Celia found fulfillment in her job because of the direct impact she was able to make on the lives of others. She was available to anyone with any sort of family need, whether it was pregnancy, family conflict, or child placement. Her willingness to listen with sincerity and wisdom made her a perfect fit for HFAA’s philosophy of empathy and service to parents who faced difficult decisions. She considered it a privilege to train and counsel prospective adoptive couples and loved to see healing take place among the hurting.

Celia’s call to be a comfort to people rang again when her oldest nephew Bill Druml Jr. “Bo” passed away at 33 in Concord, California in 1971 while attending law school.Bo was a Civil Engineer. He and wife Mary had 3 small children. Celia provided support and comfort to the young family through Bo’s illness, his passing, and their eventual transition back to Wisconsin.

Celia and Betty traveled back to Milwaukee by train every Christmas to visit family; they stayed with their sister Ange. Sadly, those trips together ended when Betty died from cancer in 1966. It was painful for Celia to watch her sister suffer, but she was grateful for the time they had spent together in California for more than a decade. Celia remained in Orange until her retirement in 1988.

Celia did take vacations sometimes, although work was never far from her mind. As a girl, she had acquired an appreciation for travel when she visited the southern and southwestern United States with her father. She went on a color tour in 1977 to the East Coast and Canada. She also traveled to Europe by ship in 1961 and toured the continent for thirty-five days. She went again in 1980 with her sister-in-law to visit a nephew in Germany to experience the Passion Play in Oberammergau, an elaborate production that the small town traditionally performs just once every ten years.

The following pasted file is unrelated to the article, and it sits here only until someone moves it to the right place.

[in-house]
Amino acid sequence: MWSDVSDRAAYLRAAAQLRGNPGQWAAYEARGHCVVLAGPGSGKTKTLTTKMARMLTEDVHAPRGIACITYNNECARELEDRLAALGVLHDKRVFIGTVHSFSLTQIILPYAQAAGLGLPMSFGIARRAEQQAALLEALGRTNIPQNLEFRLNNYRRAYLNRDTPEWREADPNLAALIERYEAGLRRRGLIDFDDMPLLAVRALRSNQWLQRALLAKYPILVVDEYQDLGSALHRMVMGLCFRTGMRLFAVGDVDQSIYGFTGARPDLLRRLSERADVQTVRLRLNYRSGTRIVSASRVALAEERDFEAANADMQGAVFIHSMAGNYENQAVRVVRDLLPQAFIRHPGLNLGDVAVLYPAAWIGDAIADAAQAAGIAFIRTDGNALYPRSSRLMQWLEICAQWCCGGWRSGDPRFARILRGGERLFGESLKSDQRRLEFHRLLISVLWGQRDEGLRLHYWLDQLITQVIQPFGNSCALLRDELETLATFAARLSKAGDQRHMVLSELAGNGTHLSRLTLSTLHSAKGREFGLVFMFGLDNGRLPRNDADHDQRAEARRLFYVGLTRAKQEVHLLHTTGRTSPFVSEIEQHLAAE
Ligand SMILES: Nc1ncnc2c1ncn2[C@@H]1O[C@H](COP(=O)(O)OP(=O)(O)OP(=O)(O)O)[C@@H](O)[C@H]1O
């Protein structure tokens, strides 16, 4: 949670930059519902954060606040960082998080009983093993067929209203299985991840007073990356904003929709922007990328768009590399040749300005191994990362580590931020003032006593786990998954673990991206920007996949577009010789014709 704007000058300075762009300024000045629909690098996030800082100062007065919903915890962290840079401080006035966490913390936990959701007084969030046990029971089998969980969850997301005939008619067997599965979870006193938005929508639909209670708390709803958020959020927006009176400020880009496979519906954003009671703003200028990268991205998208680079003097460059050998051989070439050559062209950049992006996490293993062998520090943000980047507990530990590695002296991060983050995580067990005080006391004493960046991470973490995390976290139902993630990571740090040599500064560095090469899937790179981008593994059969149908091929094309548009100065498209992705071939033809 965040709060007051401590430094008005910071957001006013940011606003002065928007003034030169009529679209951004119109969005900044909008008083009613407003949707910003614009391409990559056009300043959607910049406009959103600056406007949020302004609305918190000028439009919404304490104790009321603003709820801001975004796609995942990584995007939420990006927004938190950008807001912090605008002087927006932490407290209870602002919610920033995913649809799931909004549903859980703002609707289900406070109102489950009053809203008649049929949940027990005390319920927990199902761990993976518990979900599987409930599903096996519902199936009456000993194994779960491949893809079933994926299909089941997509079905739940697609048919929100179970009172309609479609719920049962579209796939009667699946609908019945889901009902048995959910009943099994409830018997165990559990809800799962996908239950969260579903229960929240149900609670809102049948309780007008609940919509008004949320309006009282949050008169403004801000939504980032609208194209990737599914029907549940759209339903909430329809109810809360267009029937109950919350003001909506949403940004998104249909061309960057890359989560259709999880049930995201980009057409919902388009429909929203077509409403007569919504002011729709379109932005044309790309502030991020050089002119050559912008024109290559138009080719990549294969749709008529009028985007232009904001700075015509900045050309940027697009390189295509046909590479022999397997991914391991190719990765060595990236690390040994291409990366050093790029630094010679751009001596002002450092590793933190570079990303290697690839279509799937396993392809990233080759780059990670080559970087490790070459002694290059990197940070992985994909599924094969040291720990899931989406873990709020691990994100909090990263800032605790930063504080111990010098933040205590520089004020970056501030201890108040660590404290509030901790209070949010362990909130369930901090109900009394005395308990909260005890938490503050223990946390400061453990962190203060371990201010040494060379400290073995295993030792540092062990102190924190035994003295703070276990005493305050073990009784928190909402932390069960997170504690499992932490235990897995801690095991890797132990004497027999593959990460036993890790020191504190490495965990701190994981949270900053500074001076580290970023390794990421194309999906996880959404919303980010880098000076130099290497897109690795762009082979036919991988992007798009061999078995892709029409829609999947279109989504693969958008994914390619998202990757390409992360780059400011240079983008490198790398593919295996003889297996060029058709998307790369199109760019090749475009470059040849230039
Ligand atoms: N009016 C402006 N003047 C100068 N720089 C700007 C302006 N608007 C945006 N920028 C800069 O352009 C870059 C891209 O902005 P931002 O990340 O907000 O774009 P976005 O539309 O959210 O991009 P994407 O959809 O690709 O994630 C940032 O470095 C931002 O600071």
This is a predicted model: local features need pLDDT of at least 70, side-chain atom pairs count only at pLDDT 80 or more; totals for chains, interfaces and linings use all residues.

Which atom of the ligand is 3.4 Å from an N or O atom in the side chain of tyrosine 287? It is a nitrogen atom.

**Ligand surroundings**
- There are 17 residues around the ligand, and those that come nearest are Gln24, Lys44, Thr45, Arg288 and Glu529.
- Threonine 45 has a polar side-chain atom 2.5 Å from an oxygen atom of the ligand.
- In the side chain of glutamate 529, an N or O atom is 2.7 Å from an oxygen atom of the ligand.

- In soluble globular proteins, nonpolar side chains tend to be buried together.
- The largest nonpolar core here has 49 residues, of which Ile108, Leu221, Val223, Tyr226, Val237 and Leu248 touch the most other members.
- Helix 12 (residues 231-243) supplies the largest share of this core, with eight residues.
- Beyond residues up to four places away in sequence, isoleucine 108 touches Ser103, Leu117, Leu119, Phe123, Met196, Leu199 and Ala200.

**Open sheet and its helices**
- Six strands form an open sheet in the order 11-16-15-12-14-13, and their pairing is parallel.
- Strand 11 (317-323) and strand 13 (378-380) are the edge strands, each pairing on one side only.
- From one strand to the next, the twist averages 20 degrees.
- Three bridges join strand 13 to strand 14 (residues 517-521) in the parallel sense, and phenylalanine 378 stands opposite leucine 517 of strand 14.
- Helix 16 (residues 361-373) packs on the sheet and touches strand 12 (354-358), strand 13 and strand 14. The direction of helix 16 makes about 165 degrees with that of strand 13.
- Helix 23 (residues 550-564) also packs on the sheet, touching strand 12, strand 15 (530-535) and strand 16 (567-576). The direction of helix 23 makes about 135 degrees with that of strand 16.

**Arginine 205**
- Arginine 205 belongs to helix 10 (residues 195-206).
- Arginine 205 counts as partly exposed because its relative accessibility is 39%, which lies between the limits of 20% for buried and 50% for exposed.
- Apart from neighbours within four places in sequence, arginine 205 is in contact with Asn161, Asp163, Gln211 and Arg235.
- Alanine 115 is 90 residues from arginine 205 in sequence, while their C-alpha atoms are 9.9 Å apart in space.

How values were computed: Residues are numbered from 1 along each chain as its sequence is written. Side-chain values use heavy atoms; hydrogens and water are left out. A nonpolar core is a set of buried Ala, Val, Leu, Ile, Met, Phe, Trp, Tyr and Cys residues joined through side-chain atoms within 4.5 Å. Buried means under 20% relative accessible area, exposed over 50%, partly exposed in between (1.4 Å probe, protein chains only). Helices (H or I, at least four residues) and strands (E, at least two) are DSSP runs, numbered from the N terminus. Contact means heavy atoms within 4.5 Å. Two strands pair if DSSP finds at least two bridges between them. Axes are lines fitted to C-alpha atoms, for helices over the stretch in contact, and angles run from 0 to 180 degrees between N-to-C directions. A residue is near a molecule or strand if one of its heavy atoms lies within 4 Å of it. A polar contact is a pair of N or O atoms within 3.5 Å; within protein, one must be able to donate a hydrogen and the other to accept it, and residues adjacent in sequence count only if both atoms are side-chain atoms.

Celia retired from HFAA in 1988, but that was just the beginning of new adventures for her. Over the years, she had become like a second mother to her niece Margaret and nephews Richard and Robert who had moved to California; in 1990 she moved to Oceanside in order to be closer to them. She demonstrated her strong religious faith by attending mass daily at her new parish, Mission San Luis Rey, and immediately began volunteering there. She answered the phone, worked in the Mission Museum, served on the Bereavement Committee and as Wedding Coordinator, was a member of the St. Claire Small Christian Community, was a Eucharistic minister to the sick, and helped in social services. She remained close with her HFAA family that included Sister Bertille, Sister Susan, and many others. She would meet with her former colleagues to enjoy lunch or a special occasion. When she wasn’t volunteering at the Mission Parish or meeting with friends, she was either out shopping for bargains or kept busy by reading.